Vacant homes suck the life out of their own sales:

USA Today Design Talk blog:

Recently I was asked by Design Talk to write a column on a question they are frequently asked. The question comes from sellers concerned abut selling their vacant houses and wondering if their property would have a better chance of selling if it had furnishings in it.

Well I replied saying... the fact that most Realtors dread handling a listing that is vacant says a lot, for they know that an empty house is typically a harder sell to make than one that is fully furnished. But why are vacant houses more difficult to sell then furnished homes? Let's take look at a few reasons...

First, an empty room will always feel smaller than a furnished room. When potential buyers tour a property, they are trying to "map" their lives into the home's space. Buyers are evaluating the house to SEE that it will work for them. To help them understand how a house will work or not, buyers will relate the size and fit of the seller's furnishing to their own. Vacant homes make this basic part of the buying process more difficult.

Next, for many buyers a big part of knowing a house will be the "right" is the emotional connection/vibe they get from it. Houses that are vacant often give off a hollow desperate loneliness. Because it is harder to get the welcome feeling of "home" from a vacant property, the emptiness will actually make it more difficult for buyers to emotionally attach to it.

Vacant Homes Suck the Life Out of Their Own Sales

You may have noticed that Realtors, about to show a furnished home, first turn on EVERY light and lamp in it before the buyer gets there to tour it. (And when I say "every light," I mean EVERY light.) They turn on the lights because they know that a well lit home sparkles, shines, and adds a warmth and glow that buyers find appealing. Unfortunately, a vacant house will quite often lack or have no lights at all in some rooms. This bad lighting makes it harder for the buyer to see what they are buying, and ends up making the house show as dreary, dark and dull. A big reason why vacant houses are harder to sell is that there naturally is not much to look at, so what there is to see gets scrutinized. While a buyer does want to spend their hard earned money to BUY a home, they are not too interested in spending money on making repairs and fixing the problems the seller chose to leave behind. Having nothing in a house makes it very easy for the buyer to focus their attention on even the smallest of flaws and then negatively fixate on having to spend money to make repairs. Think about it. a wood, tile and linoleum floor will show more dirt, scratches and mars; the smallest carpet stains will clearly be visible; and naked walls will noticeably reveal all the holes, nicks and scuffs that are present. Because the home is unoccupied, the exterior maintenance will often go undone. In the summer, lawns will either overgrow or burn out and weeds will take over gardens. In northern markets, walks and drives will be hidden if not shoveled after a winter snow fall. In general an unkempt exterior will kill any curb appeal and immediately start to diminish the buyer's hopes as to what to expect on the interior.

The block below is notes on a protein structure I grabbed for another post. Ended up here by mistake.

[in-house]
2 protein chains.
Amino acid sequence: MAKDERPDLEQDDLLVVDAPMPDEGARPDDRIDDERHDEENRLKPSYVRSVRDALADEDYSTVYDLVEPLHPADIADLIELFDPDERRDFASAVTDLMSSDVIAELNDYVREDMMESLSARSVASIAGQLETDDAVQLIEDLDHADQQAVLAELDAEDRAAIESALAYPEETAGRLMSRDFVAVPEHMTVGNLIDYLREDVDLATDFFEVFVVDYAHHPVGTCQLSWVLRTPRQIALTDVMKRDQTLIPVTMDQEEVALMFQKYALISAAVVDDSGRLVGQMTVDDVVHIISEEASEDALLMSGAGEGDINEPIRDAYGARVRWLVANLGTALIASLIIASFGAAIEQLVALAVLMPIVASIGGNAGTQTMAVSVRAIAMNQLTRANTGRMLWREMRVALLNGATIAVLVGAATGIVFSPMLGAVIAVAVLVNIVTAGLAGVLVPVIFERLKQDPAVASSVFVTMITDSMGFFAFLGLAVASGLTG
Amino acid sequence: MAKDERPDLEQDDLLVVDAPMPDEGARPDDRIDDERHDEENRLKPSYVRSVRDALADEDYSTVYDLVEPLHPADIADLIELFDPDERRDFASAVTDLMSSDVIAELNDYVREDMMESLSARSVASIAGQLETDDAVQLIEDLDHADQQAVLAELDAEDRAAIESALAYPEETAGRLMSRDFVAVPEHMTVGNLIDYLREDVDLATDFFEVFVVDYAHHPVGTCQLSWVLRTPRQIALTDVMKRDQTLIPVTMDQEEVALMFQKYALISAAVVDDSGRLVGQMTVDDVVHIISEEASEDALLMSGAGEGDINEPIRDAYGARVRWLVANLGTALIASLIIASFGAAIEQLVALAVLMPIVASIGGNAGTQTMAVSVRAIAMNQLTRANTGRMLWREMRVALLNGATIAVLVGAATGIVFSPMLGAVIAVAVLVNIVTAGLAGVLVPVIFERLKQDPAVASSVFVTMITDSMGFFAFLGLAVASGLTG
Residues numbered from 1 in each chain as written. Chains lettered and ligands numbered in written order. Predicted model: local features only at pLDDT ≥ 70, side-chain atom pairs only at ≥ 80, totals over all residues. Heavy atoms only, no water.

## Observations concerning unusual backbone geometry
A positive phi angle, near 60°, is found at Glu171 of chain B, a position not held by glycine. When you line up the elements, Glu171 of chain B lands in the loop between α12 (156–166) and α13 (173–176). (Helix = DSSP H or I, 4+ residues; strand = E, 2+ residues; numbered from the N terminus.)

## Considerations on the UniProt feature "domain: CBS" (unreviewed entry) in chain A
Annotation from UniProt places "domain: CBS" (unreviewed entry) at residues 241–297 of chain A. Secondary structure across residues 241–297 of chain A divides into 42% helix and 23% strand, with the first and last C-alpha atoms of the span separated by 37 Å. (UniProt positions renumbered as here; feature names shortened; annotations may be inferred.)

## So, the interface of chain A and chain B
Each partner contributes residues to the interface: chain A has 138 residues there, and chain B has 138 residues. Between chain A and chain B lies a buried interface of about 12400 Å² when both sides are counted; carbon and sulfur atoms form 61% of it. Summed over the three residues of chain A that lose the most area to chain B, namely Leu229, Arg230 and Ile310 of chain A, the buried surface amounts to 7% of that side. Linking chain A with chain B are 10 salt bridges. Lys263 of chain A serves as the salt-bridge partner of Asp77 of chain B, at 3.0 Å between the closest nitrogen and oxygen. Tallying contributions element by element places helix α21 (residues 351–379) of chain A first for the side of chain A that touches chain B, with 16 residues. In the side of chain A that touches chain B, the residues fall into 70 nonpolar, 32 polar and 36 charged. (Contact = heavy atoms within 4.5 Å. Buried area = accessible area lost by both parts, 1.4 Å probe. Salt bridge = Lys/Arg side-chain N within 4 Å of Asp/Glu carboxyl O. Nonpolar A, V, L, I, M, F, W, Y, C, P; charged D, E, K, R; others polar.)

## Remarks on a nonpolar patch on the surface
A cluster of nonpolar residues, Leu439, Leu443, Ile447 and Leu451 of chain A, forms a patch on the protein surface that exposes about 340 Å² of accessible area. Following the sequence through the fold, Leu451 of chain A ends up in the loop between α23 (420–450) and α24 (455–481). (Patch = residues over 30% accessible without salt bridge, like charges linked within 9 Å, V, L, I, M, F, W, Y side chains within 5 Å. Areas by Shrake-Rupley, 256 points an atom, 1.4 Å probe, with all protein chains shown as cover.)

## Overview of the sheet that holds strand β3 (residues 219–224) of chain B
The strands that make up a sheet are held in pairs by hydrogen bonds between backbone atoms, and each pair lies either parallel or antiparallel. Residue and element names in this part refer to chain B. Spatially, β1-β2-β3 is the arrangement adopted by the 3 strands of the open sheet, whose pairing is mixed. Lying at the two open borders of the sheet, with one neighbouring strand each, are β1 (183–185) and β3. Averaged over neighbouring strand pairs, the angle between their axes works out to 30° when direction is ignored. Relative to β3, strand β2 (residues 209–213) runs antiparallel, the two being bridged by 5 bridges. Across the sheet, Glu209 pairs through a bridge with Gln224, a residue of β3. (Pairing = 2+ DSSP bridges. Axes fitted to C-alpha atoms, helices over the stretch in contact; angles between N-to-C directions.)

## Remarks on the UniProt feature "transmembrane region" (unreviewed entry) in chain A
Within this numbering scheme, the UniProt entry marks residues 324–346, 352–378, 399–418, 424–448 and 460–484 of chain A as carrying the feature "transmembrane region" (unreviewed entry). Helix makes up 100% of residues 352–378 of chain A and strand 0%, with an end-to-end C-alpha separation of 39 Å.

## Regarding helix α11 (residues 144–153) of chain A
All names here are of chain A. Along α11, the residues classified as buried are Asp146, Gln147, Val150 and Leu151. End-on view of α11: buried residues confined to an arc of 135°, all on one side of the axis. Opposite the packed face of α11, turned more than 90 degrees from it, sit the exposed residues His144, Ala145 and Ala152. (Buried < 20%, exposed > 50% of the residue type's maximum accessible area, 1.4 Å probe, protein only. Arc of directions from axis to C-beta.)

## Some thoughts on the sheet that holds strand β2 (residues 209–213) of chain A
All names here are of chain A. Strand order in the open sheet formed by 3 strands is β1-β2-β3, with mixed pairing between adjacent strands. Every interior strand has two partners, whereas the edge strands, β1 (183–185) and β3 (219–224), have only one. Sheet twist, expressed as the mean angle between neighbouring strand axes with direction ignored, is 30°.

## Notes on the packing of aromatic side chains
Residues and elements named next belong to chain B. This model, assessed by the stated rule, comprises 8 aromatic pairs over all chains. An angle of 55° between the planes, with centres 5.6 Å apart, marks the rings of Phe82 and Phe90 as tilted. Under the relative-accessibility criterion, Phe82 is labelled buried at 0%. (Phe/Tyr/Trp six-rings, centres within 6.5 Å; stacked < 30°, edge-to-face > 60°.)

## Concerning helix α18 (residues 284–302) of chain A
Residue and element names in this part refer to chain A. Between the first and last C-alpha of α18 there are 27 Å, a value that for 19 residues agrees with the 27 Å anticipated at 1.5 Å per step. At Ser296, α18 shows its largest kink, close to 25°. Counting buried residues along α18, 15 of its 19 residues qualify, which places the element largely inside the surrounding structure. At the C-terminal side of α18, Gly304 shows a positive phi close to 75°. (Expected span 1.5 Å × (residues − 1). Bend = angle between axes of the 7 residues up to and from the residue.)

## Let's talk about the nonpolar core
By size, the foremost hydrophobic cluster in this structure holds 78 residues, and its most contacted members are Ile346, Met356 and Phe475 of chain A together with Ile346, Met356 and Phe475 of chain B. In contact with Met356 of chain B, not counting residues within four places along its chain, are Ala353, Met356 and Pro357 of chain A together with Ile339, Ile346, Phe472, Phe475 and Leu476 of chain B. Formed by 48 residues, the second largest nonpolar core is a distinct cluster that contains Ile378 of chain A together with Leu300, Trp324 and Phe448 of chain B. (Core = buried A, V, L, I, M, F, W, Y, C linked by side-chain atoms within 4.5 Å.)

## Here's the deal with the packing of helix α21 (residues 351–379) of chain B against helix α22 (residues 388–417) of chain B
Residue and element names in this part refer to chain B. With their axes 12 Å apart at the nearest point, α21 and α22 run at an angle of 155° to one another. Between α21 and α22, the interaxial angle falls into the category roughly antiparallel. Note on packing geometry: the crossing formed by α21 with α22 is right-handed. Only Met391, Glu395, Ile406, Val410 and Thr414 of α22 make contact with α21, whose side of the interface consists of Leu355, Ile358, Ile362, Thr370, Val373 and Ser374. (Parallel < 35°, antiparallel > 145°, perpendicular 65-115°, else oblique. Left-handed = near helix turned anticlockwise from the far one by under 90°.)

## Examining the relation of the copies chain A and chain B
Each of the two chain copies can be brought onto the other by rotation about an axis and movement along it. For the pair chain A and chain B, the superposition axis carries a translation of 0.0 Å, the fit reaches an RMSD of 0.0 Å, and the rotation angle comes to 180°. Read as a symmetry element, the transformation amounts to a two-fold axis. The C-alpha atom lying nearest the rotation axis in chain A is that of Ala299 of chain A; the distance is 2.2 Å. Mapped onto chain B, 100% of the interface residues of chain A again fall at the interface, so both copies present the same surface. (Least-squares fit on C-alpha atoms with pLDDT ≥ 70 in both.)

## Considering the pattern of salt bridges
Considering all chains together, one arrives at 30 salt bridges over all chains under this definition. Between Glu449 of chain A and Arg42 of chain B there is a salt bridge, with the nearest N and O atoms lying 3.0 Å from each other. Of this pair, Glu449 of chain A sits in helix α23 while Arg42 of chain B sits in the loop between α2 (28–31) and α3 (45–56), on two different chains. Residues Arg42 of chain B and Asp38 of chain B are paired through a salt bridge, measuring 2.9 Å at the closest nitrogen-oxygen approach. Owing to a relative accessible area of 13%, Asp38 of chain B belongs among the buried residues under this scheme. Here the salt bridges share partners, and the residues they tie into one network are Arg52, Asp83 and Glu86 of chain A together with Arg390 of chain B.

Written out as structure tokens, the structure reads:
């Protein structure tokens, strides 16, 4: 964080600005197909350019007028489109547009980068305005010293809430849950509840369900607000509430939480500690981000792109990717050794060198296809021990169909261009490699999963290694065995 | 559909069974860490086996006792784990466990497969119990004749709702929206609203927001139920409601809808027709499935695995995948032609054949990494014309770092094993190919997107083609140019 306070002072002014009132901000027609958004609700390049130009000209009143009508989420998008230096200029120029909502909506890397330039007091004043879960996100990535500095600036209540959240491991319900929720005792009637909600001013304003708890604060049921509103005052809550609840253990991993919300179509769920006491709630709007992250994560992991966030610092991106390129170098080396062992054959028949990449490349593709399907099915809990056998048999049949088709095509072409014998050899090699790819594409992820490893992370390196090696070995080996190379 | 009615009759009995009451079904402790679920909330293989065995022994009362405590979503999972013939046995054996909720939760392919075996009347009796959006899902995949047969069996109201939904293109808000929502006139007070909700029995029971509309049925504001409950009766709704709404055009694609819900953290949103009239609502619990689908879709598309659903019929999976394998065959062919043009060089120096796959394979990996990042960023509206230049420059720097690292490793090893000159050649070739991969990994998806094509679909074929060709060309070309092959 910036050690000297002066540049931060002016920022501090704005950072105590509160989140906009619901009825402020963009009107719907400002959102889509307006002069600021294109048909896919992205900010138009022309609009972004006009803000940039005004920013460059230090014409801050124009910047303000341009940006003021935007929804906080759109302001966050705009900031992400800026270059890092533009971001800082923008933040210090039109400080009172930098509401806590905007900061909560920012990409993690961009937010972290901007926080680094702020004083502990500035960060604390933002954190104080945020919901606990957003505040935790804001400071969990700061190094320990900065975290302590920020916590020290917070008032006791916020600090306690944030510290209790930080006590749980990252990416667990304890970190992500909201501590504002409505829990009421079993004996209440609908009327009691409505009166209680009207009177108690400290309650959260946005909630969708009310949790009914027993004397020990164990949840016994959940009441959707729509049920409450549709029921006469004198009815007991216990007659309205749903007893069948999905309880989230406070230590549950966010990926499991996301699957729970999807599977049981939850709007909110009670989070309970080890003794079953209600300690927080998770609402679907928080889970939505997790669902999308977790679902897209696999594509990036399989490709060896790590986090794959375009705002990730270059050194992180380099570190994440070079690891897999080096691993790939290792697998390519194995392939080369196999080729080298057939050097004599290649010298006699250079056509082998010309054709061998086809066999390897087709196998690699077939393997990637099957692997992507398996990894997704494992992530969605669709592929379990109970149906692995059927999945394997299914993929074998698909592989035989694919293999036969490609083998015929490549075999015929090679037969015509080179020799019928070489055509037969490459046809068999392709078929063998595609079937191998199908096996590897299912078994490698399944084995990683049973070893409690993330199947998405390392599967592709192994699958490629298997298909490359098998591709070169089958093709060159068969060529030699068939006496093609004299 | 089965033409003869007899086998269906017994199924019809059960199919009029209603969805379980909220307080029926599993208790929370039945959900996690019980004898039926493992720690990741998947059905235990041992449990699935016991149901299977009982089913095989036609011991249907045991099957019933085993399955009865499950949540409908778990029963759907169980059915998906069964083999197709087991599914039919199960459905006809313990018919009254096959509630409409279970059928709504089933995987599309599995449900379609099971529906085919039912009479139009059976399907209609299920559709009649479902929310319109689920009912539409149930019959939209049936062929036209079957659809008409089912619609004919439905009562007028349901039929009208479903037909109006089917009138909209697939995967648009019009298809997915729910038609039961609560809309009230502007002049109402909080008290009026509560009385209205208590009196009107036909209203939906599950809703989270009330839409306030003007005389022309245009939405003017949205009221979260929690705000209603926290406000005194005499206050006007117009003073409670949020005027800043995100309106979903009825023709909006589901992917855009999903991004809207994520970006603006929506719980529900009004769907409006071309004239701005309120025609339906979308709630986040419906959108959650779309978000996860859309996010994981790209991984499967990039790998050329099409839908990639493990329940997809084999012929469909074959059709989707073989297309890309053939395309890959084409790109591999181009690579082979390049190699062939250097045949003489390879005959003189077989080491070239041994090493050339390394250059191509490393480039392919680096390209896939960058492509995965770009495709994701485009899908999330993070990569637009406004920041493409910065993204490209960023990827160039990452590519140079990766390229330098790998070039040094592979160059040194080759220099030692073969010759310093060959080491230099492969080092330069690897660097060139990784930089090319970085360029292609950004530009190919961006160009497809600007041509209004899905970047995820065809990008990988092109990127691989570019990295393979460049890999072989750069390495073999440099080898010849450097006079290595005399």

For all these reasons, a vacant house will be more difficult to sell then a furnished home. A buyers market will only make it even more difficult for a seller to sell for there are more than enough homes to choose from. Therefore, it is easy to understand how a buyer will be attracted to a home that they spatially understand; get a good feeling of "home" from; is bright, warm and inviting; and shows no glaring signs for maintenance or repair.

Oh... and just because a home is furnished does not make it an automatically and perfectly appealing home to buy. for even a furnished home still should be light, bright, CLEAN, maintained and uncluttered.

Vacant Homes Suck the Life Out of Their Own Sales
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